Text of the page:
The Romans weren’t great at everything

Business leaders and academics often look for wisdom from the ancients. The Greeks, Romans, Spartans and even the marauding Huns have been cited as inspirations for various business strategies for competition. The latter group was lauded in a popular book called “Leadership Secrets of Attila the Hun” (Roberts, 1985, Warner Books).

Yet another celebration of ancient strategic successes was sent to me by a Canadian colleague. He clipped a recent column from the Toronto Financial Post by Brad Cherniak and sent it along, with a note saying, “Interesting concepts of strategy”. Interesting indeed.

The article espouses major lessons learned from Roman methods of war, and makes the leaping generalization that these lessons apply to the economic conditions of capitalistic competition.

Each principle in turn seemed more a statement of the author’s personal approach to business, than any revelation of common principles of successful enterprises. The so-called principles were each presented with a good case for Rome’s application, but with no solid connection to our economic system.

The first “principle” offered was “supreme confidence.” The notion is to unreservedly commit to the course of action, no second-guessing, no wavering of commitment. That works when you want unthinking obedience by a phalanx of spear-wielding foot soldiers. It does not work so well for adjusting strategies to fit changing conditions, as Hitler failed to learn.

The second principle was “don’t admit that losing is an option.” This is closely aligned with the first principle. If the intention is to choose a course and then devote full effort, that does make sense. But somebody, especially the general on the hill, must be removed enough from that commitment to recognize futility before the whole army is destroyed.

The third principle is “be smarter and work harder than anyone else.” To this end, the Romans apparently improved performance in lagging armies by randomly selecting 10 percent of that army’s soldiers for immediate execution. Soldiers then worked harder to avoid being murdered.

General Electric famously applied the 10 percent attrition rule as an ongoing method of culling what were felt to be the human weeds, whether they existed in truth or not. I suppose that’s fine if you’re not one of the offending plants.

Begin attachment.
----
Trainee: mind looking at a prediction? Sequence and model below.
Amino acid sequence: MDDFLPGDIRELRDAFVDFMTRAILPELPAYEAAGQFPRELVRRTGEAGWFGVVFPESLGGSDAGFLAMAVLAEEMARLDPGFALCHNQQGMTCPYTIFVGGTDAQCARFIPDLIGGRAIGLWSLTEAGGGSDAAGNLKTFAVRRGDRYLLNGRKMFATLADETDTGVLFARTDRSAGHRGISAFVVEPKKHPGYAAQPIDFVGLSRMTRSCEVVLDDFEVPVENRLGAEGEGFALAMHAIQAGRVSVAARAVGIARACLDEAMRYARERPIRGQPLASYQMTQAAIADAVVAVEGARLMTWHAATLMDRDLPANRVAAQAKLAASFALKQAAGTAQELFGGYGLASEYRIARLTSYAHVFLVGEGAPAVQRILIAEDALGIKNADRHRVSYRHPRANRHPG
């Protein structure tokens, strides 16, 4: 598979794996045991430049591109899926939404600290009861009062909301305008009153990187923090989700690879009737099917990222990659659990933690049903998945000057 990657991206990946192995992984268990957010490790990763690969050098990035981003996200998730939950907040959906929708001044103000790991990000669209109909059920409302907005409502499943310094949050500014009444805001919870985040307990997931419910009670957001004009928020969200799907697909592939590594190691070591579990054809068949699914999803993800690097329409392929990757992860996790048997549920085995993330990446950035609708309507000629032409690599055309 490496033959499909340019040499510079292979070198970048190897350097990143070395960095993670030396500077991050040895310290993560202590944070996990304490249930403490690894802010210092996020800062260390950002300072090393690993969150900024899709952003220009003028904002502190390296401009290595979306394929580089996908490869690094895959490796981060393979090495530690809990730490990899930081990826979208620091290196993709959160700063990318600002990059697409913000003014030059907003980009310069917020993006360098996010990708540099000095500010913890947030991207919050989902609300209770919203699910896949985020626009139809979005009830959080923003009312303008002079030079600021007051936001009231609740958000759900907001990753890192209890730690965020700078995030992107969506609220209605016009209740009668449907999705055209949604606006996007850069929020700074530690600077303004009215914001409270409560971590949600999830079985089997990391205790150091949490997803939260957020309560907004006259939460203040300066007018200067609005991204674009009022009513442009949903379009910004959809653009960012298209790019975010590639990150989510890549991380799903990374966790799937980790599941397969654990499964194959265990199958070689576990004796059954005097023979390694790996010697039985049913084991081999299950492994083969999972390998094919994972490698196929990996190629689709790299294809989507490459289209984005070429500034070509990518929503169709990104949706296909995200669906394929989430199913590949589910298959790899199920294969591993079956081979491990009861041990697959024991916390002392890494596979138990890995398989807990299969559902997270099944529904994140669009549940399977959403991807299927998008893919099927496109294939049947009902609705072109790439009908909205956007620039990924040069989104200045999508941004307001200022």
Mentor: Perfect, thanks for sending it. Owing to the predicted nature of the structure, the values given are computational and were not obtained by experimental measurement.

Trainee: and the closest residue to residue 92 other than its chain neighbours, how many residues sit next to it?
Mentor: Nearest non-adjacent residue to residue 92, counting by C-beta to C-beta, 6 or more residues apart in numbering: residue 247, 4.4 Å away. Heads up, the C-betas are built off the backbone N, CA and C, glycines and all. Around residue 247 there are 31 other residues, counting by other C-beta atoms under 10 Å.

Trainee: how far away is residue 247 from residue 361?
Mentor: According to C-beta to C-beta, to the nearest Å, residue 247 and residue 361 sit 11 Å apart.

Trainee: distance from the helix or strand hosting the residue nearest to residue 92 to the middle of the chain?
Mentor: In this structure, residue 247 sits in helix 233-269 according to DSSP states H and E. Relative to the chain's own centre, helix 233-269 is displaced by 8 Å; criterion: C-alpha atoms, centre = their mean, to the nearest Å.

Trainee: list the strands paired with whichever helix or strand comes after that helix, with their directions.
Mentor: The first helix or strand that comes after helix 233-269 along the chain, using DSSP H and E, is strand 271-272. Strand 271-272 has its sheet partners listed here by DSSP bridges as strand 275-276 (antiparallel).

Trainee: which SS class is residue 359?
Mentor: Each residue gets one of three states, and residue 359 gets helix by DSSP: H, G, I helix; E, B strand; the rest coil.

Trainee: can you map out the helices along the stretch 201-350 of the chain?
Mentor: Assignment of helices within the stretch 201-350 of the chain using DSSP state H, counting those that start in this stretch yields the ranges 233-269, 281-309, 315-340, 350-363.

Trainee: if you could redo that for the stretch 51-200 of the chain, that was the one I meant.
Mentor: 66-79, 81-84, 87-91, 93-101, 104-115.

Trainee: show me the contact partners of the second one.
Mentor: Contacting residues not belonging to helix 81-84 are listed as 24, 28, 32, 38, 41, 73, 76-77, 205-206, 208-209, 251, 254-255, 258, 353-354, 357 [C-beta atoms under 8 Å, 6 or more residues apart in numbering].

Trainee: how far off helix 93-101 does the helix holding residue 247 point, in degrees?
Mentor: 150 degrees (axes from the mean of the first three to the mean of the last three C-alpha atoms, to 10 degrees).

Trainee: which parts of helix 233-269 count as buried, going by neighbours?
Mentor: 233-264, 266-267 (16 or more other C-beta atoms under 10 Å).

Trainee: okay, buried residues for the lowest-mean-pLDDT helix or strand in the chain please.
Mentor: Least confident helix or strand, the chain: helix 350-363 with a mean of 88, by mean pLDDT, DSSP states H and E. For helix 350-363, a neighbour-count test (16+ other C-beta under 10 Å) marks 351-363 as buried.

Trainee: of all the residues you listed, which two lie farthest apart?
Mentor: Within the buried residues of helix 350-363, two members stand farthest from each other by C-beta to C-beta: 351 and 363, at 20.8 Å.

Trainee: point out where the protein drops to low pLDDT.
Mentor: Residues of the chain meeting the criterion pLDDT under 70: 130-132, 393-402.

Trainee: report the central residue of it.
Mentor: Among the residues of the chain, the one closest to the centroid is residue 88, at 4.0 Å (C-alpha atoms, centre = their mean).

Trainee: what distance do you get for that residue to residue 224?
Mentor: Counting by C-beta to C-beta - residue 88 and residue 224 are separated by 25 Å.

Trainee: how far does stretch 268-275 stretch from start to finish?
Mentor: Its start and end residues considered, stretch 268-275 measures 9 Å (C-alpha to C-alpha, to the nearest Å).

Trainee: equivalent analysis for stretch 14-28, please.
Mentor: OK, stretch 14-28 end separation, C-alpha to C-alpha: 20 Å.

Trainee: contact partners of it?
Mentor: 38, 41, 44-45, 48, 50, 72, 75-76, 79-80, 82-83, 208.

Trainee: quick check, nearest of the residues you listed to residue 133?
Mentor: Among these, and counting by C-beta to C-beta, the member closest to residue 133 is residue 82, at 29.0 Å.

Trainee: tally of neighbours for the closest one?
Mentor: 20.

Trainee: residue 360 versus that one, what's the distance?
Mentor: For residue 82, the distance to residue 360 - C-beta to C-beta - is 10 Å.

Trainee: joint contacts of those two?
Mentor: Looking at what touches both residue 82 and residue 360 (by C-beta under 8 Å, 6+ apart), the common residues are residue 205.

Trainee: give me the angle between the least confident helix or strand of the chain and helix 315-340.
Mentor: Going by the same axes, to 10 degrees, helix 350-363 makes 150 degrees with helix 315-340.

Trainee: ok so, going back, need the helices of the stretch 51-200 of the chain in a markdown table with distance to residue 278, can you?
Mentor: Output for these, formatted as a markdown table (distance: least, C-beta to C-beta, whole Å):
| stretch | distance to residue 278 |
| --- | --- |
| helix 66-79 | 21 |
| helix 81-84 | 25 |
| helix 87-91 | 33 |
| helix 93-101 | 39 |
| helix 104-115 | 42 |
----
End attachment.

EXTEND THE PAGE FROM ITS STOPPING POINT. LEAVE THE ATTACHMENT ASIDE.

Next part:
Cherniak’s article goes on to talk about adaptation (seemingly contradictory to the prior principles of supreme confidence and total commitment to a course) and innovation. No argument there from me.

The ninth principle cited was “be internally competitive.” Roman generals competed for accolades, tributes, the occasional hero’s parade and feast. The movie “Highlander” comes to mind: “There can be only one.”

This internal competition may have created successful armies, who incidentally didn’t have to cooperate as they pursued different battles. But the greatest benefit of leaders fighting with each other over recognition of greatness was that generals didn’t form strong bonds between them and thus become a threat to the Roman emperors or the Republican Senate. Internal competition prevents coups.

The entire tone of Cherniak’s piece is one of brutality, lack of compassion, take no prisoners and crush one’s opponents.

For military adventures, when by definition there can be only one remaining, the tenets are applicable. But in the interdependent and fluid world of global economics, these principles no longer apply. If they truly ever did.

With a global, mutual dependency of livelihoods, we essentially are fighting ourselves when we consider that competitor or those vendors or that country as our “enemy.”

In today’s world, trying to completely eliminate competitors is like throwing a super ball in a handball court, blindfolded. Wherever you throw the ball, it eventually careens back and hits you in the face.

Sewitch is an entrepreneur and business psychologist. He serves as the vice president of global organization development for WD-40 Company. Sewitch can be reached at

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